10 things to love about Mexico City’s Museo Dolores Olmedo

The tiles on the wall at the Museo Dolores Olmedo read: “By the example of my mother, professor Maria Patiño Suarez, widow of Olmedo, who always told me: ‘Share all you have with those around you.’ I leave this house with all my collections of art, the product of my life’s work, so the people of Mexico can enjoy it.” —Dolores Olmedo Patiño

Last year on a visit to Mexico City during the holidays, I spent a special day with friends exploring a few places I had never been before. Thanks to the abundance of cultural activities the city has to offer, there’s always something new to discover. I was thrilled to hear that the Museo Dolores Olmedo was on the itinerary they planned since I’m a big Frida Kahlo and Diego Rivera fan.

Dolores Olmedo Patiño, also known to many as Doña Lola, was an aggressive collector and patron of the arts and is still revered today as one of the biggest individual benefactors and promoters of Mexican art and culture. At age 17, she met Diego Rivera by chance in an elevator at the Ministry of Public Education when he was still working on the murals there (that can still be seen today), and he ended up asking her to model for him. According to the museum, she modeled in nearly 30 nude sketches and then was the subject of other later paintings by Rivera. After separating from her husband, British journalist Howard Phillips (whom she married in 1935), the well-to-do single Olmedo made a career as a partner in a construction materials firm in the late 1940s. In the mid-1950s, she reconnected with Rivera and eventually became his benefactor, caretaker and eventually, executor of his estate and that of Frida Kahlo.

In the early 1960s Olmedo acquired Hacienda La Noria, a 16th-century Spanish colonial hacienda located in Xochimilco (a neighborhood in the south of Mexico City). At the time she acquired the property, it was a shell of its original state and so she set out on a mission to restore and preserve the hacienda. In the late 1980s, Olmedo announced plans to convert her hacienda into a museum, which opened in September 1994. Olmedo passed away in 2002 but her legacy still lives on in this charming museum she left behind for all to admire just as intended.

Here are my top ten reasons to visit the Museo Dolores Olmedo
the next time you’re in Mexico City… 

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Muralismo Mexicano: “El Pueblo a la Universidad y la Universidad al Pueblo”

A few years ago on a trip to Mexico City, I had the pleasure of working with the United Nations Educational, Scientific and Cultural Organization (UNESCO) at the Universidad Nacional Autónoma de México (UNAM) to document photos of the campus for a UNESCO project. If you’re not familiar with UNAM, the university is the oldest in the Americas (it was founded in 1551) and its main campus (Ciudad Universitaria) is recognized as a World Heritage site by UNESCO. This is definitely a cool place to visit if you travel to Mexico City.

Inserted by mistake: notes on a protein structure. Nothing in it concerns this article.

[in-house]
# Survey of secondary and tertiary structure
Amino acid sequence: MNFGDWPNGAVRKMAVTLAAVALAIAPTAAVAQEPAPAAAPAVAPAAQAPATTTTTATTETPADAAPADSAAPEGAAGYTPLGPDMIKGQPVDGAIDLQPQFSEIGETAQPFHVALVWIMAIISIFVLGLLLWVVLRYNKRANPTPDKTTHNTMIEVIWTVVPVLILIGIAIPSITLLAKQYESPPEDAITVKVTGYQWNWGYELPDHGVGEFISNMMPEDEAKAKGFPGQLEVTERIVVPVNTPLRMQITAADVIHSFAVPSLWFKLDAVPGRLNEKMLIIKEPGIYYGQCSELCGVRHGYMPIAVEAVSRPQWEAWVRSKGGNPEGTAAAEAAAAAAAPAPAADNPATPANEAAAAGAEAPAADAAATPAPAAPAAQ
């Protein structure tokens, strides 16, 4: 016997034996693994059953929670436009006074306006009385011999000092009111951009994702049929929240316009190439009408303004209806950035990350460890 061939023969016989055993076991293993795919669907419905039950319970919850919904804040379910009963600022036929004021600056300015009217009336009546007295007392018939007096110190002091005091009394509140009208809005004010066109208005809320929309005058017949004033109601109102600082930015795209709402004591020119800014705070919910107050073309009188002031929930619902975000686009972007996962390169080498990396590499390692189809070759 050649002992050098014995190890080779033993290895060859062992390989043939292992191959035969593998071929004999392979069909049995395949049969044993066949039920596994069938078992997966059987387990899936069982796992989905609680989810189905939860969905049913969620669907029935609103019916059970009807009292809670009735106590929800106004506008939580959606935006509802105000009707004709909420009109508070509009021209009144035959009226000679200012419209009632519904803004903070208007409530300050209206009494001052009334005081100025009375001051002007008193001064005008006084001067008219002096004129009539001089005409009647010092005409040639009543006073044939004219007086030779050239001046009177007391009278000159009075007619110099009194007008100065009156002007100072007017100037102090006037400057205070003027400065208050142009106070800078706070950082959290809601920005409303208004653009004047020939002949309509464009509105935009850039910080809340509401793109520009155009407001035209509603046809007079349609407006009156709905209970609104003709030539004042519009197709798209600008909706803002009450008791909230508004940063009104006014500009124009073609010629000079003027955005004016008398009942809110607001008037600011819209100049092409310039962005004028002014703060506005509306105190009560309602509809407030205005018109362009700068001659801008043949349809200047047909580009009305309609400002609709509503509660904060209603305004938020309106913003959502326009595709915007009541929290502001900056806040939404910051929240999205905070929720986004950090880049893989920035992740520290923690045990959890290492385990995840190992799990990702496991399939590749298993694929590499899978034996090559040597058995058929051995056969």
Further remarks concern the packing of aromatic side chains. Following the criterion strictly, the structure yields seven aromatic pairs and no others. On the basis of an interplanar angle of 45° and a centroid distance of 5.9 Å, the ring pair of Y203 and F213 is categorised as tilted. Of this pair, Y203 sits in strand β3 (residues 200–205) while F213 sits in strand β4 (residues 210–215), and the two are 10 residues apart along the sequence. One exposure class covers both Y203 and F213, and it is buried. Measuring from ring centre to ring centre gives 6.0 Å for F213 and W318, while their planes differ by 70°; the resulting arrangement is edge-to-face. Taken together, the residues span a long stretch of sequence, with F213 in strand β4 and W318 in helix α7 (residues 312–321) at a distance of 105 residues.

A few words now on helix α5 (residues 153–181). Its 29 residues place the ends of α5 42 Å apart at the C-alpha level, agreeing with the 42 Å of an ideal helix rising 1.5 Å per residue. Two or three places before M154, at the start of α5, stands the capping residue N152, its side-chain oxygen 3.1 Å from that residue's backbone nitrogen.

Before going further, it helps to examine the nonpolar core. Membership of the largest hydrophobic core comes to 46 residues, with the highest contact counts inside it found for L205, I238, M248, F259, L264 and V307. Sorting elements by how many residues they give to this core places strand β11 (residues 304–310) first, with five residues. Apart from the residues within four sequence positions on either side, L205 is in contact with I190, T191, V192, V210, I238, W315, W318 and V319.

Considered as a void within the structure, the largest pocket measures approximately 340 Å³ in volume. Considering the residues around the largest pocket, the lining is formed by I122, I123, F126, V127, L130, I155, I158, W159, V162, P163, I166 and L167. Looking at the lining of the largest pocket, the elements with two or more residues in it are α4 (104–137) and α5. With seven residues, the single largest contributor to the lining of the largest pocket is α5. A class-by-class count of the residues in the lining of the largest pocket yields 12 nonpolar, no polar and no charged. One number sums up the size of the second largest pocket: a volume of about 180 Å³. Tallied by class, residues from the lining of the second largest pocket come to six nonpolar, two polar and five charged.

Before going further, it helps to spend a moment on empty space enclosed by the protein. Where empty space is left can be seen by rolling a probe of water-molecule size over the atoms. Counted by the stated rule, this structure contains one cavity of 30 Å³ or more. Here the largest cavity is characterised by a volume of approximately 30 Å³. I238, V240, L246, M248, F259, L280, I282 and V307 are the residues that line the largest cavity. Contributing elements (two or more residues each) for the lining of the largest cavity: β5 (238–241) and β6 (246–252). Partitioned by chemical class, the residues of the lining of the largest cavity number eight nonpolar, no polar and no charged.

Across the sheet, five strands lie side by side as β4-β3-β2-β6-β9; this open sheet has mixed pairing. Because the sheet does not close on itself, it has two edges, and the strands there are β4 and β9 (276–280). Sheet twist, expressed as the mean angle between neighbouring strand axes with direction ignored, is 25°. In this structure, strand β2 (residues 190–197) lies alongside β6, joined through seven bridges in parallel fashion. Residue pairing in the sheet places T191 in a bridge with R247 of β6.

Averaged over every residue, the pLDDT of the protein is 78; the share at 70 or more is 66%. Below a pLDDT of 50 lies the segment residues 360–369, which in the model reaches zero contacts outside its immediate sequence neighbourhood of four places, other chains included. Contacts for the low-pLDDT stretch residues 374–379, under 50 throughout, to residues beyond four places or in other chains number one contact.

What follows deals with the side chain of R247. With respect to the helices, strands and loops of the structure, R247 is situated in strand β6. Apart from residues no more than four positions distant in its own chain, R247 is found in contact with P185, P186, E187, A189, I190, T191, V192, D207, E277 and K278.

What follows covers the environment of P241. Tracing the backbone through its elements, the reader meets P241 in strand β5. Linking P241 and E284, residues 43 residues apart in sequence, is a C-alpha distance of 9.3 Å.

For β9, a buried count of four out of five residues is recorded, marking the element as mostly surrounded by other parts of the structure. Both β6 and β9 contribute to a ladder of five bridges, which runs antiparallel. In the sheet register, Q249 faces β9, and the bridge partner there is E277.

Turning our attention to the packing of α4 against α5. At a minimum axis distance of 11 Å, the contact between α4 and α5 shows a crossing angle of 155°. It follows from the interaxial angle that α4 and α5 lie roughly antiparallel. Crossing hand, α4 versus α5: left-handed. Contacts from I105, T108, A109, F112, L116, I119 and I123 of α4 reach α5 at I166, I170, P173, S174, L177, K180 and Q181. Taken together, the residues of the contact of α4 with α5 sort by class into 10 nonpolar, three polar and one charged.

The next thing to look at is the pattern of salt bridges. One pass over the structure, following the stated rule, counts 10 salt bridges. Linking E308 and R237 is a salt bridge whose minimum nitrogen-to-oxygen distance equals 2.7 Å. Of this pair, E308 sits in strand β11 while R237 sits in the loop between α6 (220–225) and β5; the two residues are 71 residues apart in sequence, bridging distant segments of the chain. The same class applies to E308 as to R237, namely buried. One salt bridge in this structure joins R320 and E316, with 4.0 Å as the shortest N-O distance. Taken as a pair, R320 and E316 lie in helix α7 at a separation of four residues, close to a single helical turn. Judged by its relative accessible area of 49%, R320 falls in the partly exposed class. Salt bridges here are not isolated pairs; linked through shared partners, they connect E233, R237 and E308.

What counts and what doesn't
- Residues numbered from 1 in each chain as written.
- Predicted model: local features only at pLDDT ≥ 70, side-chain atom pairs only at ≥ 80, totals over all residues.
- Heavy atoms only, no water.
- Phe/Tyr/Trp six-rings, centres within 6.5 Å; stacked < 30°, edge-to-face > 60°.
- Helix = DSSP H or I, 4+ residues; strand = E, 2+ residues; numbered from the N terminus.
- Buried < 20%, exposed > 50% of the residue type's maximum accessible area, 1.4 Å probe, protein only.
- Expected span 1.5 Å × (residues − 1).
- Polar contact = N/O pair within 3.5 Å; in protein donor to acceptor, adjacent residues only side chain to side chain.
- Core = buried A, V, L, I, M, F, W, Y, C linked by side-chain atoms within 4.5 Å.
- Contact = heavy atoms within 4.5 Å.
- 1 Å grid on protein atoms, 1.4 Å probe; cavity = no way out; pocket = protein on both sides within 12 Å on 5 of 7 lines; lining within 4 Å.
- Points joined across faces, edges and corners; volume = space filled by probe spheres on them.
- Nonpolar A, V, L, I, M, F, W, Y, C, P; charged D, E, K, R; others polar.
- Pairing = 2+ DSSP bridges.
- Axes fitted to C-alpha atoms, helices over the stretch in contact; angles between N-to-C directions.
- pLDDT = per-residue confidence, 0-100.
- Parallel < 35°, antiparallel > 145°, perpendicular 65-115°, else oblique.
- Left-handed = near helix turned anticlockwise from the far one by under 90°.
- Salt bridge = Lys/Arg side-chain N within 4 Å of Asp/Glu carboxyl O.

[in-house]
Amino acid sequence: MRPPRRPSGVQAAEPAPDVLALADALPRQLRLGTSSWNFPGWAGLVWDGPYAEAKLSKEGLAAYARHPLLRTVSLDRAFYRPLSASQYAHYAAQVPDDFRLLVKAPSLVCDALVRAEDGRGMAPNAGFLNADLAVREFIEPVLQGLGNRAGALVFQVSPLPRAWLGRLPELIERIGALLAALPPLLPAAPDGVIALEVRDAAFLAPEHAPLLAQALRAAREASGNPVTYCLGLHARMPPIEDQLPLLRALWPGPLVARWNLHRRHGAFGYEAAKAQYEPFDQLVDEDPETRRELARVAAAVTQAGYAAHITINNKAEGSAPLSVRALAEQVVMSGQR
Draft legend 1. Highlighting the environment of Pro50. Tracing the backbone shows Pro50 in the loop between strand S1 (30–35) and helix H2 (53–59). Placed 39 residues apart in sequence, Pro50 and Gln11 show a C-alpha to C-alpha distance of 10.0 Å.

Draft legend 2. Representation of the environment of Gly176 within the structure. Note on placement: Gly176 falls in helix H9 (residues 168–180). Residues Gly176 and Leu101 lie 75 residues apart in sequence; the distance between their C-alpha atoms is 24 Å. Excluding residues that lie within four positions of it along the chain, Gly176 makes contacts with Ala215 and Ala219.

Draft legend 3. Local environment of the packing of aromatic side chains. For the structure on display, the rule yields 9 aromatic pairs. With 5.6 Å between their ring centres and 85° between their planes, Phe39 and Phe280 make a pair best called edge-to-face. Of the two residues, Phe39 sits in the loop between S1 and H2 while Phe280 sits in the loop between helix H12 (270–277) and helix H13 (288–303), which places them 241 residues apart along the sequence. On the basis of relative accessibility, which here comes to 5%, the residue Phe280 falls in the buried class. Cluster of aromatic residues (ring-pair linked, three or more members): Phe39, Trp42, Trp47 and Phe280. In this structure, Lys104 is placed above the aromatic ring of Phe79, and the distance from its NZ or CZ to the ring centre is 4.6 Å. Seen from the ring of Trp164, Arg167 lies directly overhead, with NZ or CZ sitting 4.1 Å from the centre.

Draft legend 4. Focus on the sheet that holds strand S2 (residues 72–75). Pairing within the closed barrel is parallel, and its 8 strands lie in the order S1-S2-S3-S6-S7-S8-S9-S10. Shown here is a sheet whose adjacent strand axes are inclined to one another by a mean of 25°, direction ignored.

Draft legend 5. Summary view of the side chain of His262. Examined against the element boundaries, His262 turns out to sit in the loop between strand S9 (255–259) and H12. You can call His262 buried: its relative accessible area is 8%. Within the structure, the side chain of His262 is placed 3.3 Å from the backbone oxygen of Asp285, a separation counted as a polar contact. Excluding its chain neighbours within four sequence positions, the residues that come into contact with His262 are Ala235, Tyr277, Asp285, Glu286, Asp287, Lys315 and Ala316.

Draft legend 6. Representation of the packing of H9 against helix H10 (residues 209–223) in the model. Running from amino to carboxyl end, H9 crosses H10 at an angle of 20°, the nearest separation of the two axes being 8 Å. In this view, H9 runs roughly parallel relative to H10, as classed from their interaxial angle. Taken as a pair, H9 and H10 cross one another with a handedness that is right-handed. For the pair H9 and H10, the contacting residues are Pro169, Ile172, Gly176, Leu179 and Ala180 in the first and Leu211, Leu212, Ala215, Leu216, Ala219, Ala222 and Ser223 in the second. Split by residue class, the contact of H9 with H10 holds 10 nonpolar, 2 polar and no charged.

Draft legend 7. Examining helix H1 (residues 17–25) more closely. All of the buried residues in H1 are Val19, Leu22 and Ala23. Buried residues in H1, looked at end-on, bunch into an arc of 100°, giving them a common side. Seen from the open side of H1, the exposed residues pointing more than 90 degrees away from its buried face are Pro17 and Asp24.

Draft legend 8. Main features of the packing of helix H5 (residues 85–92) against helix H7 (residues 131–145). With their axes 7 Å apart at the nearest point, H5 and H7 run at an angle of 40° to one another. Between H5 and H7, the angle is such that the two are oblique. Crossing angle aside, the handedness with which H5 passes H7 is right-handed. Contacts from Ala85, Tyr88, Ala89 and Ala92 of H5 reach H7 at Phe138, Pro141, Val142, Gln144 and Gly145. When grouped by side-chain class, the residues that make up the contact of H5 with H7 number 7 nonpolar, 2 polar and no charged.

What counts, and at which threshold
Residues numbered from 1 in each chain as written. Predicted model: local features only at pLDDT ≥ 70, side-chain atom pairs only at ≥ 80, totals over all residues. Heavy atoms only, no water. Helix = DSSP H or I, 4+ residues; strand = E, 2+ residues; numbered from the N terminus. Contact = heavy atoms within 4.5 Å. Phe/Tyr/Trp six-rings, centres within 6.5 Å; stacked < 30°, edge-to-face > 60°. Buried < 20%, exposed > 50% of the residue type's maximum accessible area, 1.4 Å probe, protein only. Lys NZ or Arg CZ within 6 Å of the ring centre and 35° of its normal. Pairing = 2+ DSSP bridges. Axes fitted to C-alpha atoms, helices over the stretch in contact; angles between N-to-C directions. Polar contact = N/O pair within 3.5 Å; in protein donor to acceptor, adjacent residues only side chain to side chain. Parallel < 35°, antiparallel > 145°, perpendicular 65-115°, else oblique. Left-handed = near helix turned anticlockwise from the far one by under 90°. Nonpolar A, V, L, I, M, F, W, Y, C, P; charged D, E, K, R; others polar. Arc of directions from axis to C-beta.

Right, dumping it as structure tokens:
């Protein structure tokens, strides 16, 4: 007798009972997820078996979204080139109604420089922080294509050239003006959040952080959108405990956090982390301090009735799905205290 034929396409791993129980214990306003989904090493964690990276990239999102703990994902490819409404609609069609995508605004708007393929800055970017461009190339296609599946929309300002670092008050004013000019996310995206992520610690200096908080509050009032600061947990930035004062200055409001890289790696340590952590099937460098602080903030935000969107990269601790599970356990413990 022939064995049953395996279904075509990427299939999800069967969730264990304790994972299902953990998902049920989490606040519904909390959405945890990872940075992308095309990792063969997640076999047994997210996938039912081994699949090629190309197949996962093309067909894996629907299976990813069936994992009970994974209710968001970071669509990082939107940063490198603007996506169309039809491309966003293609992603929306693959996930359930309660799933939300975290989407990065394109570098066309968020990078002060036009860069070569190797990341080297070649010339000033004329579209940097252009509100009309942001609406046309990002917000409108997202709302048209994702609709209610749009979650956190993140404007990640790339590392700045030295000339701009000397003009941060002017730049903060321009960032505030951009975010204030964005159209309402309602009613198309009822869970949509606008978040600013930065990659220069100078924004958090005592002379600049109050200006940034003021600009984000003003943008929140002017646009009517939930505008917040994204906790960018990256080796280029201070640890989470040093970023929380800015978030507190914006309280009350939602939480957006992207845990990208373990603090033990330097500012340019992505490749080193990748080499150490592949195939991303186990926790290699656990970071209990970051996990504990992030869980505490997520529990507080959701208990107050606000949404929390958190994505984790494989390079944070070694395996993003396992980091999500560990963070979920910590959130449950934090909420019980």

One of my favorite things about the campus is the amount of public art incorporated into both the buildings and open spaces. And I especially love the murals created by some of Mexico’s most famous artists.

During my visit, I got to spend some time up close to one of the murals that I’d only before ever seen in photographs—“El Pueblo a la Universidad y la Universidad al Pueblo” by David Alfaro Siqueiros on the side of the Torre de Rectoría…. 

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Chicago’s own Mercado Navideño

This past weekend I attended the Mercado Navideño at the National Museum of Mexican Art here in Chicago with my friend, Daniela. It’s been awhile since my last visit so I was eager to see the new exhibits as well. But I loved all the gifts, decorations and crafts that remind me so much of the Museo de Arte Popular (of which I have only ever visited the gift shop) in Mexico City. I sent a picture message from my iPhone of the beautiful paper maché piggy bank to my suegra because she collects all kinds of puerquitos (little piggies). She loved it and said when I arrive, we’ll make plans to go visit the museum since she couldn’t remember ever taking me there before.

If you live in Chicago or are visiting during the Thanksgiving holiday next year, check out the mercado – it’s typically the Friday through Sunday right after Thanksgiving. Some of the items were pricey (compared to purchasing the same item in Mexico) but for the most part, they had a lot of beautiful gifts at reasonable prices. And you can’t visit the National Museum of Mexican Art without also making a stop in the gift shop on your way out! I loved the mini papel picado, juguetes and all kinds of books about Mexican art and culture. I may go back soon for some books on regional art and food!

    • What’s your favorite kind of Mexican popular art?

 

The photos in this post were taken with my iPhone 3Gs using the Polarize app by Christopher Comair.
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